Survivor’s Guilt and Ovarian Cancer
There is a lot of information about surviving ovarian cancer and living with ovarian cancer. Especially if your ovarian cancer is found early, such as in stage I, there is a 5-year survival rate of about 90 percent. Overall, the 5-year survival rate for all stages of ovarian cancer is 48.6 percent.1,2
When someone you know dies from the same cancer you have or had, it can bring up a lot of feelings. You might feel guilty or confused as to why you are the one still alive. Guilt is a normal feeling after cancer, and many survivors find themselves dealing with it. This is called survivor’s guilt.3
Ovarian cancer statistics
The American Cancer Society estimates that in 2021, about 21,410 women will get a new diagnosis of ovarian cancer. About 13,770 women will die from the disease. It is the deadliest gynecologic cancer.4
However, more than 80 percent of ovarian cancers are diagnosed at stage II or later, when survival rates are lower. Sixty percent of ovarian cancers are diagnosed at stage III, which has an overall 5-year survival rate of 39 percent.1
While advanced ovarian cancer may not always be curable, it is treatable. There are many treatments that can help shrink the tumor and keep it stable. They can also help you manage any symptoms.
Why do we have survivor’s guilt?
A woman with ovarian cancer is often defined as a survivor from the moment of diagnosis. Many women with ovarian cancer will have a pattern of their cancer coming back (recurrence) followed by treatments. This means the survival path is not a linear one. Survivorship focuses on the long-term management of the disease, rather than only surviving after treatment.5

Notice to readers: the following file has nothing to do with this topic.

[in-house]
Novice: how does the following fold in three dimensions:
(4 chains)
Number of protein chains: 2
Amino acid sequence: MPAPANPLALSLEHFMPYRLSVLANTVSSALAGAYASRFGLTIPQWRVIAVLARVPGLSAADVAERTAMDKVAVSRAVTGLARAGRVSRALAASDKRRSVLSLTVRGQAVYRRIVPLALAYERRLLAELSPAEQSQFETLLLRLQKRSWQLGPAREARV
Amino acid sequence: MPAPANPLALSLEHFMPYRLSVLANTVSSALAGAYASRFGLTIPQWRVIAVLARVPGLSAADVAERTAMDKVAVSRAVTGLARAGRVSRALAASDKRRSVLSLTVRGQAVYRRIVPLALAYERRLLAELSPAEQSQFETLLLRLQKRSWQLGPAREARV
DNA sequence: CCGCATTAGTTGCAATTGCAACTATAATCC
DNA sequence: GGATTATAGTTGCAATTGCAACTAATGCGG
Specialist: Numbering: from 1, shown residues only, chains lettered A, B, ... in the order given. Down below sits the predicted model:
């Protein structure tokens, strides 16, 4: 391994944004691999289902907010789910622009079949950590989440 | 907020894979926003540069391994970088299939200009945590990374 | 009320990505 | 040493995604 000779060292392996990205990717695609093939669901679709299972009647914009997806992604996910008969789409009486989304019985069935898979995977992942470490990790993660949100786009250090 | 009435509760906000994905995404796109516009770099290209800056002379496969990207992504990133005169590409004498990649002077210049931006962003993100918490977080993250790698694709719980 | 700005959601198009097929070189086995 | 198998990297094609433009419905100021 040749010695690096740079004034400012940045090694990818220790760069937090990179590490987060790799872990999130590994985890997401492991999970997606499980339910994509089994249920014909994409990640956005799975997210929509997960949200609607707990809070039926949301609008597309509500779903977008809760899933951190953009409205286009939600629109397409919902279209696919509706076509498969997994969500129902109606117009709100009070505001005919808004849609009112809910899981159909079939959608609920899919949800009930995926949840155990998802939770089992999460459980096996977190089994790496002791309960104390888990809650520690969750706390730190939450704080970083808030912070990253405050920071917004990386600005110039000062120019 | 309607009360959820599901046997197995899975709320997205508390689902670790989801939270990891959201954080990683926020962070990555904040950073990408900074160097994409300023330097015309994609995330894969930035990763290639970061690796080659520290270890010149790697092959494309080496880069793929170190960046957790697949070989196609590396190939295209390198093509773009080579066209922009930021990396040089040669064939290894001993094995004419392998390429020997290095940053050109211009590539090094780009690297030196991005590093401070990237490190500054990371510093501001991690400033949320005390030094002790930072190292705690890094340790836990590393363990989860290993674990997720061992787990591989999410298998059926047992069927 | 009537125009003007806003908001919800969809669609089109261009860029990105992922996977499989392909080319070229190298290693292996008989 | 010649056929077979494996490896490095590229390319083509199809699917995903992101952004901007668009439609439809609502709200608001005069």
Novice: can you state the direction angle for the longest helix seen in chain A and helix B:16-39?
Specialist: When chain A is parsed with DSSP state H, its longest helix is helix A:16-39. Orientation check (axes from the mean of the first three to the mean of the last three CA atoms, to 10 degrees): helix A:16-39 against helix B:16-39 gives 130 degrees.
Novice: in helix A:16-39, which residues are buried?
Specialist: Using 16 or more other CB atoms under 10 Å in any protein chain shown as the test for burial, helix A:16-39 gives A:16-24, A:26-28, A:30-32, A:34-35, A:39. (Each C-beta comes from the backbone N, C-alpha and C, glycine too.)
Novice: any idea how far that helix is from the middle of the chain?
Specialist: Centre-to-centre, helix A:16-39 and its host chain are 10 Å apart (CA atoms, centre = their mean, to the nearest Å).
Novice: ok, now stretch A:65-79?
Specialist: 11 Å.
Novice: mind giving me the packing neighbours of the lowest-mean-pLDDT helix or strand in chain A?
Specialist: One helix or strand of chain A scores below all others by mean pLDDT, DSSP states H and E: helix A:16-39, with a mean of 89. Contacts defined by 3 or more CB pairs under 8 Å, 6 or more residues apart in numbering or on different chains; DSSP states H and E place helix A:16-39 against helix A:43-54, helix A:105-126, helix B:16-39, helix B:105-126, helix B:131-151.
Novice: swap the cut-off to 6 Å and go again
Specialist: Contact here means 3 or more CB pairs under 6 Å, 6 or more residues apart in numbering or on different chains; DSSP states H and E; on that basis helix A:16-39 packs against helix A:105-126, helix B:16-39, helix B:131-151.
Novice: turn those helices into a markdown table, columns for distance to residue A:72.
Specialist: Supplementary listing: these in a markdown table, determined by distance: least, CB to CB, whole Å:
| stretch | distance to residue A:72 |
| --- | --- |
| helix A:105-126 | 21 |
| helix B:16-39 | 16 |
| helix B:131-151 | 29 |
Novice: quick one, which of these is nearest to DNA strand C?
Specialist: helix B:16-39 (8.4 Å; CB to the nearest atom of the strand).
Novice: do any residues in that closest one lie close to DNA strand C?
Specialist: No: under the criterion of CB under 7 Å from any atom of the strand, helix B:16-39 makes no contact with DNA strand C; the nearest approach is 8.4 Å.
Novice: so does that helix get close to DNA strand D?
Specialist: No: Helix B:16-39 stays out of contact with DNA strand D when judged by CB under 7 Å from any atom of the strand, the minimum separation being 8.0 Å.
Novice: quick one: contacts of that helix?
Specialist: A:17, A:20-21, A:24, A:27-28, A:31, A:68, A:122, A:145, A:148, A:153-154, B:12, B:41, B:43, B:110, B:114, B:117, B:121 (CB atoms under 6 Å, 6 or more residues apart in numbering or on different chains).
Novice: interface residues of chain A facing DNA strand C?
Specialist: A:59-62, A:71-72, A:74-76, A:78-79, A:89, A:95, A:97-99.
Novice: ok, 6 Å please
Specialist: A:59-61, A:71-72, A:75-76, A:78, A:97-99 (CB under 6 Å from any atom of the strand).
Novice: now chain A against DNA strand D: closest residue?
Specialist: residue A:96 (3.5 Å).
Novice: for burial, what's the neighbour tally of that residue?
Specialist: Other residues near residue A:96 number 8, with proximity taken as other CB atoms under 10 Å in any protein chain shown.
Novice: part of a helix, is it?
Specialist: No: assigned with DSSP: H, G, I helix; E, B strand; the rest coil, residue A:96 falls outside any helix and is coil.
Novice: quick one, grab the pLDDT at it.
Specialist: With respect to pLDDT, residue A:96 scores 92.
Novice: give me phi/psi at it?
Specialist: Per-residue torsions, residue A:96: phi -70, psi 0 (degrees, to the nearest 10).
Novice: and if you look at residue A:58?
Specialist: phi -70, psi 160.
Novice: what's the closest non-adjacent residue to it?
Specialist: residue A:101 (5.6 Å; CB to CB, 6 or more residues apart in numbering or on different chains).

Classic survivor’s guilt is guilt you feel about surviving something another person did not. Cancer and its treatment can bring a range of emotions and thoughts.
Feelings of powerlessness or helplessness that may be triggered as a result of illness can be overwhelming. Guilt can be a way to protect ourselves from those feelings, since it is something people often feel they can control.3
What does survivor’s guilt feel like?
Survivor’s guilt may not be just guilt for surviving while others have died. There can be a whole spectrum of emotions and triggers around survivor’s guilt.
Survivor’s guilt can be experienced in different ways, including:6
- Loss of a fellow cancer survivor
- Hearing that a fellow survivor’s cancer returned
- Being diagnosed at an earlier stage than others
- Having an easier time with your treatments than other people
- Passing on certain genes to your children
- Feeling like you are a burden to others, with work or family/friends
- Not being a “good” cancer survivor, like having a positive attitude
- Feeling overly responsible to be there for those who were there for you
There are also many emotions that are part of survivor’s guilt. Acknowledging these feelings and working through them can help you process them and move forward. Dealing with emotions is also part of self-care and your own survival journey.
These emotions may include:6
- Empathy (while this is generally good, heightened empathy can be overwhelming)
Not everyone will have the same emotions. Your emotions may also change over time, depending on what is going on in your life.
How can we manage survivor’s guilt?
Managing survivor’s guilt is part of survivorship. Find a trusted person you can talk to, whether that is a friend, family member, support group, or a professional. Many hospitals or cancer centers offer support groups or counselors for cancer survivors. It can be helpful to use these services.
Other things to keep in mind include:6
- Be gentle with yourself. The cancer journey is hard.
- Feel your emotions
- Know that your emotions may change daily, and that is okay
If you find yourself experiencing survivor’s guilt, talk with your doctor. They can help connect you with a counselor or support group that can help you navigate the emotions of survivorship.
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